- By Jonathan Head
- Southeast Asia Correspondent, Phnom Penh
1 hour ago
Hun Manet, son of Cambodian Prime Minister Hun Sen, is expected to succeed his father within weeks
Undeterred by the pouring rain, a long convoy of motorbikes with cheering, flag-waving supporters of Cambodia’s ruling party revved up in preparation for their triumphant closing rally in downtown Phnom Penh.
People dutifully lined the street as far as the eye could see, party stickers on their cheeks, the sky-blue hats and shirts they had been given getting wetter and wetter.
In the back of a truck, Hun Manet, Prime Minister Hun Sen’s eldest son, 45, greeted the crowd and announced that only the Cambodian People’s Party (CPP) was capable of running the country.
In fact, his father had ensured that the CPP was the only party that could possibly win the election.
Hun Sen, 70, has ruled Cambodia for 38 years in his typically combative style: first under a Vietnam-installed communist regime, then under a multi-party system installed by the United Nations, and more recently as an increasingly intolerant autocrat.
The only party now able to challenge his rule, the Candlelight Party, was formally excluded from the election in May. The remaining 17 parties allowed to compete were too small or not well known to pose a threat.
A few hours after the polls closed, the CPP recorded the expected landslide with a turnout of over 80%. There were quite a few invalid ballots at some polling stations: it was arguably the only safe way for voters to show their support for the opposition.
With Hun Manet expected to succeed his father within weeks of the vote in a long-prepared handover of power, this felt more like a coronation than an election.
“I don’t think we can call it a sham election at all,” says Mu Sochua, an exiled former minister and member of the CNRP, another opposition party banned by Cambodian authorities in 2017.
“We should call it an ‘election’ so Hun Sen makes sure his party elects his son as Cambodia’s next prime minister to continue the Hun family dynasty.”
Hun Sen, who has been in power for 38 years, did not face any real challenge in the election
Still, there were signs of nervousness ahead of the vote in the CPP. New legislation was hastily passed criminalizing any promotion of voice-tampering or boycotts. Several Candlelight members were arrested.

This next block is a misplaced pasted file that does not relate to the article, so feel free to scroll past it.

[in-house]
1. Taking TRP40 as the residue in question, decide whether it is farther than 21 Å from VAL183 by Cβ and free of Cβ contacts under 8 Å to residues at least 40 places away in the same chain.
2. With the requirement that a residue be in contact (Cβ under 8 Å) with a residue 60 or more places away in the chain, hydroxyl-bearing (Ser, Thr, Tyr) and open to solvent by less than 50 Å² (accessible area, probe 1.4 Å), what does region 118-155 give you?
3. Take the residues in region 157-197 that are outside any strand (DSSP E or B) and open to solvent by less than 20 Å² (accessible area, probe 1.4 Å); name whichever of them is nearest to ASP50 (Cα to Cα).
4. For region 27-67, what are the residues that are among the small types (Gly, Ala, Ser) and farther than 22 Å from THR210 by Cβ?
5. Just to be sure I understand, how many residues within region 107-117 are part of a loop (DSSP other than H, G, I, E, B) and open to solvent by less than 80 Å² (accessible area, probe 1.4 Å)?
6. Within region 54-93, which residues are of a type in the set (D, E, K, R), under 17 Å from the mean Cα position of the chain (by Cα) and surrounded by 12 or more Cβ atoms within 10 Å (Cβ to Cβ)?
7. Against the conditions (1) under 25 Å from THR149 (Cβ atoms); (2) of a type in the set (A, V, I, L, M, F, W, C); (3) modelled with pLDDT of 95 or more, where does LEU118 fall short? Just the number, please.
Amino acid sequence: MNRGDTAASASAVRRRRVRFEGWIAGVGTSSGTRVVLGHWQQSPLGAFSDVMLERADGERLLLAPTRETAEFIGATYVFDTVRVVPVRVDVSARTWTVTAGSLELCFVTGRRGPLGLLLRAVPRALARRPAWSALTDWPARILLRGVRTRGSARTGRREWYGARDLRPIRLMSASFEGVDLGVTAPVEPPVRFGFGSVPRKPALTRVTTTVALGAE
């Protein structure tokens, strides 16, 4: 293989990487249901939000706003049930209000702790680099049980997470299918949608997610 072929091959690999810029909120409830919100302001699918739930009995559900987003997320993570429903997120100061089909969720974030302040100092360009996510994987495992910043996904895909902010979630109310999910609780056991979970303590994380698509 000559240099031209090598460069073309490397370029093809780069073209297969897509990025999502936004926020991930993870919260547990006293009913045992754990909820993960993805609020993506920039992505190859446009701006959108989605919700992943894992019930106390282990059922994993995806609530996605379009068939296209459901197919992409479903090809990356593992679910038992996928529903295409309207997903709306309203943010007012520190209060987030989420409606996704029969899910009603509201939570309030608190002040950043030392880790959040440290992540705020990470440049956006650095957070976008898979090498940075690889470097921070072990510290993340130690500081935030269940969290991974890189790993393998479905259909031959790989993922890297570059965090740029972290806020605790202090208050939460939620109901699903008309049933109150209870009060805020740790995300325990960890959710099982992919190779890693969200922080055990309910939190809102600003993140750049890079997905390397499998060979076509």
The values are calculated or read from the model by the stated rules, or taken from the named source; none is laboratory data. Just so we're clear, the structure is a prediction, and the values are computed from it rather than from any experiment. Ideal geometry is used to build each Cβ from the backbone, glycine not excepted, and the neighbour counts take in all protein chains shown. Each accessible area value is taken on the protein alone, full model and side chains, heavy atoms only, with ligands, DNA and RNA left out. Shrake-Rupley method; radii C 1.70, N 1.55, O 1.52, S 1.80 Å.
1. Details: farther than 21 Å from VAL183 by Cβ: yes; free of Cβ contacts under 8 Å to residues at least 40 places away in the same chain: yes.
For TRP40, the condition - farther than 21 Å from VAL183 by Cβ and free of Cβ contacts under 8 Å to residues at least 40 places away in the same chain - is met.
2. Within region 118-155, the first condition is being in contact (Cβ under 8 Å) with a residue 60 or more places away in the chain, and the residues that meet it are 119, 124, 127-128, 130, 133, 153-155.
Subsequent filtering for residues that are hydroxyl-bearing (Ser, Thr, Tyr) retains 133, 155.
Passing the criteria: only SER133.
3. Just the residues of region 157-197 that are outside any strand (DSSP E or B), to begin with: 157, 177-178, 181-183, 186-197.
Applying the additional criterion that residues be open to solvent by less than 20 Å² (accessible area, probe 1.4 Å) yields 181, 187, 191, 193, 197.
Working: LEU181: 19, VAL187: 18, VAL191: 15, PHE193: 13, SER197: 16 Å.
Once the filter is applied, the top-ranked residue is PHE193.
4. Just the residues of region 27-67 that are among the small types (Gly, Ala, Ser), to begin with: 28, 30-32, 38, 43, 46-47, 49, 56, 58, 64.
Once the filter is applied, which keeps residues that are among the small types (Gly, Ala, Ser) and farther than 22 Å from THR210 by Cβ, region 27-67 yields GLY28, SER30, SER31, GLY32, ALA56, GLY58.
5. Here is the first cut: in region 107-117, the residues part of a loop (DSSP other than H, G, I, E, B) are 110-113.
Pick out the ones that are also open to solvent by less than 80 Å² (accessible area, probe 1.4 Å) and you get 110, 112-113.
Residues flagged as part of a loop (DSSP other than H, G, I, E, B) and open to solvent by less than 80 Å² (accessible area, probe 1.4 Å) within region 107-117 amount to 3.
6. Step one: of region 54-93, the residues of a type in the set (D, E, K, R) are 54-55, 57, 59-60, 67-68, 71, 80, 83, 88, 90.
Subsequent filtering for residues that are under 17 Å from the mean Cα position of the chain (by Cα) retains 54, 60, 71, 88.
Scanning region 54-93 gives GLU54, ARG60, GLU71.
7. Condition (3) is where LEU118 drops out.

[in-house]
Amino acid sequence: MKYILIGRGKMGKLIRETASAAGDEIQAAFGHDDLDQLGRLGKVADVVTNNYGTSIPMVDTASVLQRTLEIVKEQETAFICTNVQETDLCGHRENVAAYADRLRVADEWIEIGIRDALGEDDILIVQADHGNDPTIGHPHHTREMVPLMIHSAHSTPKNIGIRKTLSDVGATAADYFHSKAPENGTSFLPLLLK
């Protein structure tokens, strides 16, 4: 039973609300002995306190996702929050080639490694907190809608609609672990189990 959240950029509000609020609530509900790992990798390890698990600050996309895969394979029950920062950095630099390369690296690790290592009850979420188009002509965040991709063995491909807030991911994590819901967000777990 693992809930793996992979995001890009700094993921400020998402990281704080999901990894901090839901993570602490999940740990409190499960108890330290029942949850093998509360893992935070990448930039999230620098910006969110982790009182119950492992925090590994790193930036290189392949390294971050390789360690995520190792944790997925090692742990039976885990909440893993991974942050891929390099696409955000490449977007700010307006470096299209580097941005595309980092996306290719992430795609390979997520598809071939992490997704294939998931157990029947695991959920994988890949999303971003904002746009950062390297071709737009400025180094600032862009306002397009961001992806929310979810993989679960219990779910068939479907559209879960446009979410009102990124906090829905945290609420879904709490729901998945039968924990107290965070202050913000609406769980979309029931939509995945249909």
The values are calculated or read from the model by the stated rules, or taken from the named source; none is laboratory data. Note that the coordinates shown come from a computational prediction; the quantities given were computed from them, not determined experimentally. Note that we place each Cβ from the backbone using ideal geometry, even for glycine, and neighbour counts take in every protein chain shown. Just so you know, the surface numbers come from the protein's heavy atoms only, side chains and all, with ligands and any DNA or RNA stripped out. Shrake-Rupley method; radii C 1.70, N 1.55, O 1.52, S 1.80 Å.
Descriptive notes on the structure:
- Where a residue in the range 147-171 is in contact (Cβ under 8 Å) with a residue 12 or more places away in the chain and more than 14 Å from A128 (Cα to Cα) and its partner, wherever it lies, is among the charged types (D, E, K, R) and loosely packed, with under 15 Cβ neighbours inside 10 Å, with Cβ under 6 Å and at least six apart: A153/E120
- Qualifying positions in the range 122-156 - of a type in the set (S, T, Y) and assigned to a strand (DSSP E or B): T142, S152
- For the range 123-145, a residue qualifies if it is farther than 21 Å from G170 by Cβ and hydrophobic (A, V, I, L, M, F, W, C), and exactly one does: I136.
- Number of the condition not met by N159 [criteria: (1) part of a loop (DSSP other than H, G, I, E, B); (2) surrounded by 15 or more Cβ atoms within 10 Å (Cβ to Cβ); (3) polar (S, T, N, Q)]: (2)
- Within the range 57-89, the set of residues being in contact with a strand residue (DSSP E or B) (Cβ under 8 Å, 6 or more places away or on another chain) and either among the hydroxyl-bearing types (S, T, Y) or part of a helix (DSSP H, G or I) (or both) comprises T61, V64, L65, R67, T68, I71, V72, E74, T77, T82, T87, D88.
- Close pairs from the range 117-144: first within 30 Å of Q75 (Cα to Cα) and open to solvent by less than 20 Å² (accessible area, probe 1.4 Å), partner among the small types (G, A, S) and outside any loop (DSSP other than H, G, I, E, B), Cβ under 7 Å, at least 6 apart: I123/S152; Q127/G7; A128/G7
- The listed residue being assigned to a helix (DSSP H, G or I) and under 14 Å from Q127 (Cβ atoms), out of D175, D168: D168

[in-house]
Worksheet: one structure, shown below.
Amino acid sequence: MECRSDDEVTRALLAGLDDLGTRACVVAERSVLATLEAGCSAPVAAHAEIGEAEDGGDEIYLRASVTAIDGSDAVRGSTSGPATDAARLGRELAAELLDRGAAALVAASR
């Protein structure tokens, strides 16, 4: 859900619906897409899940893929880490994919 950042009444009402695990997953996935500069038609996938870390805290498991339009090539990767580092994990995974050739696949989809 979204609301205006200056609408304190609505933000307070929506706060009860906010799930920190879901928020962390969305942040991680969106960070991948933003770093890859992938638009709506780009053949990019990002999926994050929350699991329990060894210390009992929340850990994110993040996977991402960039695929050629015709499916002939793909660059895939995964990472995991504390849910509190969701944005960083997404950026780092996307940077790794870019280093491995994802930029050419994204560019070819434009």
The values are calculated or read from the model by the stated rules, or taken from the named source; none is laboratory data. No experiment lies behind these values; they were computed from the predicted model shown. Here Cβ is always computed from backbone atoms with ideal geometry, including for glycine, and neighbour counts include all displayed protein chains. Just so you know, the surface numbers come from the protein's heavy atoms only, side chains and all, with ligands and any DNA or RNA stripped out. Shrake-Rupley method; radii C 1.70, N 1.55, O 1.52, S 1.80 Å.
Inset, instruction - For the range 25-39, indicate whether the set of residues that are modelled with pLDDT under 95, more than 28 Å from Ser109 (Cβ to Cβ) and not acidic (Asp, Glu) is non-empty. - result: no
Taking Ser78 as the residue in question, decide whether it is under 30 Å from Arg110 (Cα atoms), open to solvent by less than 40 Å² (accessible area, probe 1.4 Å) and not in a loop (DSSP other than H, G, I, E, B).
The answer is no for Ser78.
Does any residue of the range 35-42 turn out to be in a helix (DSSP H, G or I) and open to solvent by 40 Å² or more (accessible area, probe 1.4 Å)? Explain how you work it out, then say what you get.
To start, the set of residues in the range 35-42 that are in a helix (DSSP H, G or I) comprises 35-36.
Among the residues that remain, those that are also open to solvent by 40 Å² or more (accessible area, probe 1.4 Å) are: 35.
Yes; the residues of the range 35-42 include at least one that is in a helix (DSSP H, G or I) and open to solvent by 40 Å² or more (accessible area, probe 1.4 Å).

“Why didn’t the CPP fight so hard against anyone in this election, with no real opposition?” asks Ou Virath, founder of Cambodian think tank Future Forum.
“They knew they were going to win the election – that was an easy result for them. But gaining legitimacy is much more difficult.”
“They must continue to weaken the opposition, but at the same time they must also please the people so that previous setbacks and disruptions such as street protests are not repeated.”
Hun Sen is one of Asia’s great survivors, a shrewd, astute politician who has consistently outmaneuvered his opponents. He skillfully pitted China, currently by far the largest foreign investor, against the US and Europe, which are trying to regain lost influence in the region.
But he has come close to losing elections in the past. He is still vulnerable to rival factions within his own ruling party and to any sudden downturn in Cambodia’s economy that might anger public opinion against him. As he prepares for a once-in-a-lifetime leadership change, he seeks to cement his legacy.
A short drive north of the capital, a 33m-tall concrete and marble monolith he calls the “Win-Win Monument” was recently erected.
The Win-Win Memorial opened in 2018 and reportedly cost $12 million
Its massive base is covered with carved stone reliefs reminiscent of Angkor Wat, Cambodia’s greatest historical monument.
They show Hun Sen’s escape from Khmer Rouge-ruled Cambodia to Vietnam in 1977, his triumphant return with the invading Vietnamese army in 1979, and his eventual deal with the last Khmer Rouge leader in 1998, ending the long civil war – his win-win situation for the Cambodian people.